Fighting With My Family (UK / USA / 15A / 108 mins)
In short: Crowd pleaser
Directed by Stephen Merchant. Starring Florence Pugh, Jack Lowden, Vince Vaughn, Lena Headey, Nick Frost, Dwayne Johnson.
The Plot: The Knight family of Norwich have wrestling in their blood. From a young age, Saraya (Florence Pugh) was wrestling with her brother Zak (Jack Lowden). This was encouraged by their parents Ricky (Nick Frost) and Julia (Lena Headey), so that the whole family can entertain locals as they slam each other in the ring. An opportunity comes up to try-out for the famous World Wrestling Entertainment in the US. Saraya makes the cut due to her gutsiness and determination, but expectant father Zak misses out. Saraya heads to the US with no-nonsense coach Hutch (Vince Vaughn), who intends to mould her raw skills into real talent worthy of a huge audience. She finds it far tougher than she imagined, but this outsider is not going to back down…
The Verdict: Wrestling conjures up childhood memories of Saturday afternoons watching Giant Haystacks beat other British wrestlers to pulp. Then there was the much bigger and glitzier WWF (now WWE), with its iconic wrestlers like the shirt-tearing Hulk Hogan. Writer/director Stephen Merchant no doubt had all this in mind, along with its culture clash potential, when making his second directorial effort Fighting With My Family. It’s based on the true story of Saraya Knight and her wrestling-mad family, previously told in a Channel 4 documentary. This is the dramatisation of how an unassuming young woman from Norwich ended up in the WWE. It also relates how she graduated from scrappy ring fights with her family to playing in the big league with more experienced American wrestlers.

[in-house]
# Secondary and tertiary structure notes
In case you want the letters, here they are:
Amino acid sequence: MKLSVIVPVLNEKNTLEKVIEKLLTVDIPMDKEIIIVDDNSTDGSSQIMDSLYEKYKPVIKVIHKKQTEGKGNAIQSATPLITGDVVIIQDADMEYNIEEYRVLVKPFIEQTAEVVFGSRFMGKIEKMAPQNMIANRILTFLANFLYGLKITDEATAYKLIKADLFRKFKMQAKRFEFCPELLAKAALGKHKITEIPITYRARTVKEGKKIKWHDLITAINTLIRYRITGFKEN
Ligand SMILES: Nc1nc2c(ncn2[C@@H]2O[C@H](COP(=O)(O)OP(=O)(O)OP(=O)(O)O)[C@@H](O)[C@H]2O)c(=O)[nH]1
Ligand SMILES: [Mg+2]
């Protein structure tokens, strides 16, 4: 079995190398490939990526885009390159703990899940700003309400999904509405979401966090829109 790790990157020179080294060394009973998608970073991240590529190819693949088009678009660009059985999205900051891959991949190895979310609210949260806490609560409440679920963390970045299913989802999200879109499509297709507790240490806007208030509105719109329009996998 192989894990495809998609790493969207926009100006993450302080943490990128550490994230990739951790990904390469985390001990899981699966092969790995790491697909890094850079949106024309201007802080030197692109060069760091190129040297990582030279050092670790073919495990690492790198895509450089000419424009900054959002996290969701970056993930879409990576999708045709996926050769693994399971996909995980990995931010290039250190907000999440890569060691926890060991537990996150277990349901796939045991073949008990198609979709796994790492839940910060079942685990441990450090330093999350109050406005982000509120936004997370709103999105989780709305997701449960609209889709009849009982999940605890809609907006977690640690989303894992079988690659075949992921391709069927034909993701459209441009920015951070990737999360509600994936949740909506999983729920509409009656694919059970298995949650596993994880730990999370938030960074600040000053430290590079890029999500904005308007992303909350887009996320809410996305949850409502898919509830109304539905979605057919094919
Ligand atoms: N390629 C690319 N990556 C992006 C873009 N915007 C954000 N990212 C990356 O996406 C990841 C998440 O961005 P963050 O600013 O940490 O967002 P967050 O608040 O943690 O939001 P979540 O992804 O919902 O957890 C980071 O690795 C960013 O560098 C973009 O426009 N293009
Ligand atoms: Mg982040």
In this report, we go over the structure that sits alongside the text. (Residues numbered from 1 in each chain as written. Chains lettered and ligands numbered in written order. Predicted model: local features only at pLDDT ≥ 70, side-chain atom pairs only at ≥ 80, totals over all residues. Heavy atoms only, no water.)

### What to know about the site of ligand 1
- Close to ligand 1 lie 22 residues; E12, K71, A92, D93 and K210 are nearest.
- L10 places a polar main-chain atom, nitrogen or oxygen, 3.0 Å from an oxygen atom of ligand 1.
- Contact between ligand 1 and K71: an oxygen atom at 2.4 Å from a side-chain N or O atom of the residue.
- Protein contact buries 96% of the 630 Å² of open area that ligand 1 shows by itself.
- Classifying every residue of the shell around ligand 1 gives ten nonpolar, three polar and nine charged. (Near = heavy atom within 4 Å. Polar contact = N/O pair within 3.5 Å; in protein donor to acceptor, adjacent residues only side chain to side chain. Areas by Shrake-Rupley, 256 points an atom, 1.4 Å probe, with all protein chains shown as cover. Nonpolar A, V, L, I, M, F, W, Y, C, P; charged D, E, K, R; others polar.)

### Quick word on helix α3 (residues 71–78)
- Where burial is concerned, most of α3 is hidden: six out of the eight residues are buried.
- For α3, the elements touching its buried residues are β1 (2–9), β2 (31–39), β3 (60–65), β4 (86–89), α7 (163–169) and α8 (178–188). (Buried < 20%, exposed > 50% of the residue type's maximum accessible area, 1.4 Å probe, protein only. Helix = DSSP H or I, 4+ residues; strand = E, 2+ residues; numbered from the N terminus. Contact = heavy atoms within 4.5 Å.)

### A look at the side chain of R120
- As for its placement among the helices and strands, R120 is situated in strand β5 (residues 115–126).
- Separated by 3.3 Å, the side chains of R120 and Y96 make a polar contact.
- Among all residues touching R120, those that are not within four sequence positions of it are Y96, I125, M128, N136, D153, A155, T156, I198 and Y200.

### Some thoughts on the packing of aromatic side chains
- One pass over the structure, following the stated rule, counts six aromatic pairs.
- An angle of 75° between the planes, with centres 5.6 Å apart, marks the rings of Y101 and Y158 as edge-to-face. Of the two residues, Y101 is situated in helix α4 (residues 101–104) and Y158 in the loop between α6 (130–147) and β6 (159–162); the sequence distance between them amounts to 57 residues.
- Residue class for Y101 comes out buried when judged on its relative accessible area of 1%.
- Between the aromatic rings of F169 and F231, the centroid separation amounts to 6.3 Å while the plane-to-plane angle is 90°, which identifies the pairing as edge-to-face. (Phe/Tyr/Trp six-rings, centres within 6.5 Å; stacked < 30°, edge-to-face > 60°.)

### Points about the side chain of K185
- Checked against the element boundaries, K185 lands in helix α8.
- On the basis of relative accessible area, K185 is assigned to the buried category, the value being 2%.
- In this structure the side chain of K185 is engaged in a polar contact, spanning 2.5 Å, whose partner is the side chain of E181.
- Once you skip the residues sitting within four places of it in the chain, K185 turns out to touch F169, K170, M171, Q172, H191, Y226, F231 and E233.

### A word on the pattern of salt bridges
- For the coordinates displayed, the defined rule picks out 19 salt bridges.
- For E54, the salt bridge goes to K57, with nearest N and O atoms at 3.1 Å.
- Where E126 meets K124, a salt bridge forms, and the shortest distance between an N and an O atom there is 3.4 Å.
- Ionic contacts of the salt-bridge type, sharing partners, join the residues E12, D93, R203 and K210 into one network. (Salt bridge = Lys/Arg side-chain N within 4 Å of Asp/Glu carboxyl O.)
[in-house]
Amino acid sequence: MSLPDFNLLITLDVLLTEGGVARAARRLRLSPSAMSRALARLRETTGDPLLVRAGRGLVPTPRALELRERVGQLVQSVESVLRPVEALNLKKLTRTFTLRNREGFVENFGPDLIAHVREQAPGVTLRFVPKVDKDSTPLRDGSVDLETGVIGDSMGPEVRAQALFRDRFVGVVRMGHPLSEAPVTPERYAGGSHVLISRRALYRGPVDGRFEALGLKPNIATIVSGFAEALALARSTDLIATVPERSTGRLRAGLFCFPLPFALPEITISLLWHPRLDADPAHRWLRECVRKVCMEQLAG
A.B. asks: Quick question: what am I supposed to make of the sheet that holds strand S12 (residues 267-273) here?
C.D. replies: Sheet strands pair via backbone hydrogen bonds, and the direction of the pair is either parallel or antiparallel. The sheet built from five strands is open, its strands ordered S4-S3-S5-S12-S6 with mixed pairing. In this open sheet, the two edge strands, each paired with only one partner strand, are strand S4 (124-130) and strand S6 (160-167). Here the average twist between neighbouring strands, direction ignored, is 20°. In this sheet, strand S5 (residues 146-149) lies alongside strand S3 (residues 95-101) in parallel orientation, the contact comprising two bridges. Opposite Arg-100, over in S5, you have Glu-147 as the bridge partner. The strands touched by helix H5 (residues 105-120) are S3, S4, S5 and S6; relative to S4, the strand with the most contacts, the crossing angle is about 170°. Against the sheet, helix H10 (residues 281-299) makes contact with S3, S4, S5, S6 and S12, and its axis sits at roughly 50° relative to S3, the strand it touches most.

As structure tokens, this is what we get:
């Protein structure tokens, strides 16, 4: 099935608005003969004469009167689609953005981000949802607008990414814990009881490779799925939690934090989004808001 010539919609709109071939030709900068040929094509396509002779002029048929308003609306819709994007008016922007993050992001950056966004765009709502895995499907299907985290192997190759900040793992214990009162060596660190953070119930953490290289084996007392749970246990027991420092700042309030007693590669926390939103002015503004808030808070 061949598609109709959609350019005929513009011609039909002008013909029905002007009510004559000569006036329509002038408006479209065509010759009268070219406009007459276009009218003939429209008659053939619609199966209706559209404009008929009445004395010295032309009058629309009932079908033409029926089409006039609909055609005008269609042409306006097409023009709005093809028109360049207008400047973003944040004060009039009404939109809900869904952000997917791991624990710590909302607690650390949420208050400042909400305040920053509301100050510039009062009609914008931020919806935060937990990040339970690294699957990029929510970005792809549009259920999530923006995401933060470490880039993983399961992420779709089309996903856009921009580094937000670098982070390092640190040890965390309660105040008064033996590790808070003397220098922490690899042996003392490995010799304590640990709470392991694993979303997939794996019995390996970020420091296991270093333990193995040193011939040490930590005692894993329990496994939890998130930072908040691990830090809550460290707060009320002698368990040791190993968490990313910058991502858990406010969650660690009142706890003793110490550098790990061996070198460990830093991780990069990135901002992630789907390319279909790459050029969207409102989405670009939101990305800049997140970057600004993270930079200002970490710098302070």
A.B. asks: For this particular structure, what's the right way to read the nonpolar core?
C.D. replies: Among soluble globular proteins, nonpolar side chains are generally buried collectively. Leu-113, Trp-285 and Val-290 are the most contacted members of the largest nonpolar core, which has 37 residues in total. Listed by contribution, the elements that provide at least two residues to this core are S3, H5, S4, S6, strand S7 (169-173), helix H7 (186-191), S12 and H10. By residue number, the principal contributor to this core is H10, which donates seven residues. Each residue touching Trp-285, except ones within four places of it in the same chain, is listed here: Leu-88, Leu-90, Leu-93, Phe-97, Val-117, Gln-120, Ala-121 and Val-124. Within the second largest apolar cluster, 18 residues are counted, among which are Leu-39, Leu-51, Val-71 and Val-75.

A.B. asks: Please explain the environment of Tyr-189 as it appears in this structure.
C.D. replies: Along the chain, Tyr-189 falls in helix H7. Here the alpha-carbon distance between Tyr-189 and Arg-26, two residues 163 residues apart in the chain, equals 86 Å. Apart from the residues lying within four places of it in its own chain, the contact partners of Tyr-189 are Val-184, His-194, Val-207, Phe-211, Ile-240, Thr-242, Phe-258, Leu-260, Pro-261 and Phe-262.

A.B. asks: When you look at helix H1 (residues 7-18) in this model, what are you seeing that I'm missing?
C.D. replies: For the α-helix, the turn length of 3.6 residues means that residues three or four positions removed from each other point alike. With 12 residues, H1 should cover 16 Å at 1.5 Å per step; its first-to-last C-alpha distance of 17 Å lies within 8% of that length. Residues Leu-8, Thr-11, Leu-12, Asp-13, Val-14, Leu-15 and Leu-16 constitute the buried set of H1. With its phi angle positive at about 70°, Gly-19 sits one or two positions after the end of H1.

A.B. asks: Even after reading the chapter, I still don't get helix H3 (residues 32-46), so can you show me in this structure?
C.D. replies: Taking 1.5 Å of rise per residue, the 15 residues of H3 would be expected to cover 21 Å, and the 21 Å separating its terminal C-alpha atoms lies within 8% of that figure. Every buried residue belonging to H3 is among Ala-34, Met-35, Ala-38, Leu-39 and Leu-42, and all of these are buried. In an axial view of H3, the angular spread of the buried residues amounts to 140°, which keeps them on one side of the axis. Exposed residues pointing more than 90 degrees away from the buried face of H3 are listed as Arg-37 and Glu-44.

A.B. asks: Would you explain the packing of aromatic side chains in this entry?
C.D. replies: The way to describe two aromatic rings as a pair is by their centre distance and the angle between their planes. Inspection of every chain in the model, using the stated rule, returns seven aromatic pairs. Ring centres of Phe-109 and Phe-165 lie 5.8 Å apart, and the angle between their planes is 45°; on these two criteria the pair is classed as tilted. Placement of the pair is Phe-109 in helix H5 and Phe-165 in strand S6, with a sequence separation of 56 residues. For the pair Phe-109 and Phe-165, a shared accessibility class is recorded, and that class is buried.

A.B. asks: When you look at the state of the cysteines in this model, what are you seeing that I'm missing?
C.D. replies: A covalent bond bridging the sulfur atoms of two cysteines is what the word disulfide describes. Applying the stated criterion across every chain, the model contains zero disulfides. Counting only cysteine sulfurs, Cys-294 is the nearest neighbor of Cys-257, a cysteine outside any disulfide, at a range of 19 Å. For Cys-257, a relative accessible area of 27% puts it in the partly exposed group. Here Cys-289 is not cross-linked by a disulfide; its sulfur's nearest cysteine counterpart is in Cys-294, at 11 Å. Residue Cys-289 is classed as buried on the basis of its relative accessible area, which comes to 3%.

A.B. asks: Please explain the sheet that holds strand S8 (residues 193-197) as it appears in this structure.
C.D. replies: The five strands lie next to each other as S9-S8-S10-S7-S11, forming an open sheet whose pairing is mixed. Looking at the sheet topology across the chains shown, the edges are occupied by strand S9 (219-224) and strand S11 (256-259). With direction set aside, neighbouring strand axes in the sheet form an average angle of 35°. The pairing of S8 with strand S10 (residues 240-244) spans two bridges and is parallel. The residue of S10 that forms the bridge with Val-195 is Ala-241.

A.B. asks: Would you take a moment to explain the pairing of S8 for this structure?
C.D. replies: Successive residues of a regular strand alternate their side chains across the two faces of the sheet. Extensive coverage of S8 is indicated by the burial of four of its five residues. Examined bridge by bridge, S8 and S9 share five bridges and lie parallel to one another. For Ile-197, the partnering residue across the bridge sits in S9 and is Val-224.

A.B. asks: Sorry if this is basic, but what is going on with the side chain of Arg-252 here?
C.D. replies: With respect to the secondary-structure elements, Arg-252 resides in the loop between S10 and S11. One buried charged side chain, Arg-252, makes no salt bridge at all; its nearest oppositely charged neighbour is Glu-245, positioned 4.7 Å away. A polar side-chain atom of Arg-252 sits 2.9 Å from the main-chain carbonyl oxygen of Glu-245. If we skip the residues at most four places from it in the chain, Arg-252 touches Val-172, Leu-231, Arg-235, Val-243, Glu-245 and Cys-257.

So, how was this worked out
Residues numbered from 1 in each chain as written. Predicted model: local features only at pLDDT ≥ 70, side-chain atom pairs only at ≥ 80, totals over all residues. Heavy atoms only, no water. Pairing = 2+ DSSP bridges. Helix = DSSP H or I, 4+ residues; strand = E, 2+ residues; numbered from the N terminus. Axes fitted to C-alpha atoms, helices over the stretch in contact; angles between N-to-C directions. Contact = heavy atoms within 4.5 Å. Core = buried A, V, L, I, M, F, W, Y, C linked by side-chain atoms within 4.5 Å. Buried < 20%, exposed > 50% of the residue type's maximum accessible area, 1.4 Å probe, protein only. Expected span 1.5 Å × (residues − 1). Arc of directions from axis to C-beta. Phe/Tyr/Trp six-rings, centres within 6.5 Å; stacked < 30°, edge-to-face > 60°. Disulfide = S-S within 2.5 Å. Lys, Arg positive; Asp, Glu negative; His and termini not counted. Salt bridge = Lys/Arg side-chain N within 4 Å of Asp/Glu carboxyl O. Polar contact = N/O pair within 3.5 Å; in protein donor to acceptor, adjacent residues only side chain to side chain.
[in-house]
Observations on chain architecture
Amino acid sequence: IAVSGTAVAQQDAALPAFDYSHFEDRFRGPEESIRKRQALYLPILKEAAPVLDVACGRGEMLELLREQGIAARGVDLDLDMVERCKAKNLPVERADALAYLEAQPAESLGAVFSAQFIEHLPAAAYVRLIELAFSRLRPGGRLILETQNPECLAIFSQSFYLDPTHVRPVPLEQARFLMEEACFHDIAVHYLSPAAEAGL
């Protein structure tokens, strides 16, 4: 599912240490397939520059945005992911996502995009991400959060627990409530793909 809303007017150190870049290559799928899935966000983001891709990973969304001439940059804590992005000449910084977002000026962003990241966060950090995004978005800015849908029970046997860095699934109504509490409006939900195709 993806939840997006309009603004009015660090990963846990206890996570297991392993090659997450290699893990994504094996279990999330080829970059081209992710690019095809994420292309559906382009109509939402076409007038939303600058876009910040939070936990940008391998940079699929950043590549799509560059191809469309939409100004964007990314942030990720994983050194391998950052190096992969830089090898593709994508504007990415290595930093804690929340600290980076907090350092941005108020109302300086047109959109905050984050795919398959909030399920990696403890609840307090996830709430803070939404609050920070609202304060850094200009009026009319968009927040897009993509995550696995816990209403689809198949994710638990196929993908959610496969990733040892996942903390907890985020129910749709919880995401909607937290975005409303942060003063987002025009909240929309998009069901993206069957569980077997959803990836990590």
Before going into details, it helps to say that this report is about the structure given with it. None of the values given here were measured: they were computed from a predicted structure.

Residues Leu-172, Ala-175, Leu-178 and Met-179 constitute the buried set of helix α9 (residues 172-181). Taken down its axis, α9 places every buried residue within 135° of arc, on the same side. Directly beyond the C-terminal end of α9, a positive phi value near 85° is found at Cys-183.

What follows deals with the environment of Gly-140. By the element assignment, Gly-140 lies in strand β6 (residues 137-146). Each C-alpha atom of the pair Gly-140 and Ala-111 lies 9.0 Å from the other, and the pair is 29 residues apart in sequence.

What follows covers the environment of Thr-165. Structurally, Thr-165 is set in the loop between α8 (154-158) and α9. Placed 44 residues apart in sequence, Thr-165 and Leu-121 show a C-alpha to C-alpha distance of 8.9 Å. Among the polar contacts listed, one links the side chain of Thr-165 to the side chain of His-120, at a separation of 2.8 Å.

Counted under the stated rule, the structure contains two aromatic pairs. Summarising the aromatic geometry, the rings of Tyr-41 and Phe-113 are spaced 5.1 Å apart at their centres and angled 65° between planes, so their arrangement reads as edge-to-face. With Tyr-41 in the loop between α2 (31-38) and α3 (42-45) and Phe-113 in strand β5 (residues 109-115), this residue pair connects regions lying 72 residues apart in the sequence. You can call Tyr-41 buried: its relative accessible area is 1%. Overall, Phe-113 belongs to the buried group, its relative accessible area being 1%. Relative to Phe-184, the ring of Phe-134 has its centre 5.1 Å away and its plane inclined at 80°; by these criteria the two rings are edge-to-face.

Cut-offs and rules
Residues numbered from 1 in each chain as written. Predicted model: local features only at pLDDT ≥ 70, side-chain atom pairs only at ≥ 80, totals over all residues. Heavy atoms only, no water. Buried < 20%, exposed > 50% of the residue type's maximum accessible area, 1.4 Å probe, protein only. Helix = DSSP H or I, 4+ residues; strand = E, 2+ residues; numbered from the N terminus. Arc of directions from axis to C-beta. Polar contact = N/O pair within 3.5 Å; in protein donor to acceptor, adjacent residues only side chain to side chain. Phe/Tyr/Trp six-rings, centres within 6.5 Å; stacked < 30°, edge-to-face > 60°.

It’s a predictable fish-out-of-water story, emphasised by Saraya’s otherness to the blonde, tanned models that are also trying out with her. This becomes a trial by fire for Saraya, but she wins them over with her own attitude and willingness to play ball and fit in. Merchant softens the blows of that predictability somewhat by strengthening the relationship between Saraya and Zak. This is where the heart of the film is, that sibling rivalry that frustrates Zak but encourages him to get behind his more talented sister. Without those well-written scenes by Merchant, it would just be a light character piece. Pugh and Lowden, two up-and-coming young actors who have had respective successes in Lady Macbeth and Dunkirk, are excellent here. They bring emotional heft to give this quirky story some resonance.
It’s fair to say that Fighting With My Family is a rousing, crowd-pleasing film, given that it inserts occasional appearances from former wrestler turned mega movie star Dwayne Johnson (who also executive produces here). Thankfully, he doesn’t overshadow the Knight family’s story, instead leaving the shouting and tough talk speeches to an on-form Vaughn. It becomes quite endearing watching Saraya adapt to the brash American style of wrestling, while not forgetting her scrappy Norwich roots and rough but salt-of-the-earth family. By the end of the film, you’re cheering her on with the rest of the crowd as she makes a name for herself. What it lacks in originality and depth, it makes up for in heart and humour – of which there is plenty. If Fighting With My Family was a wrestling match, it would be a B-show. As British wrestling films go, it’s much better than last year’s dull Walk Like A Panther and warrants a hearty recommendation.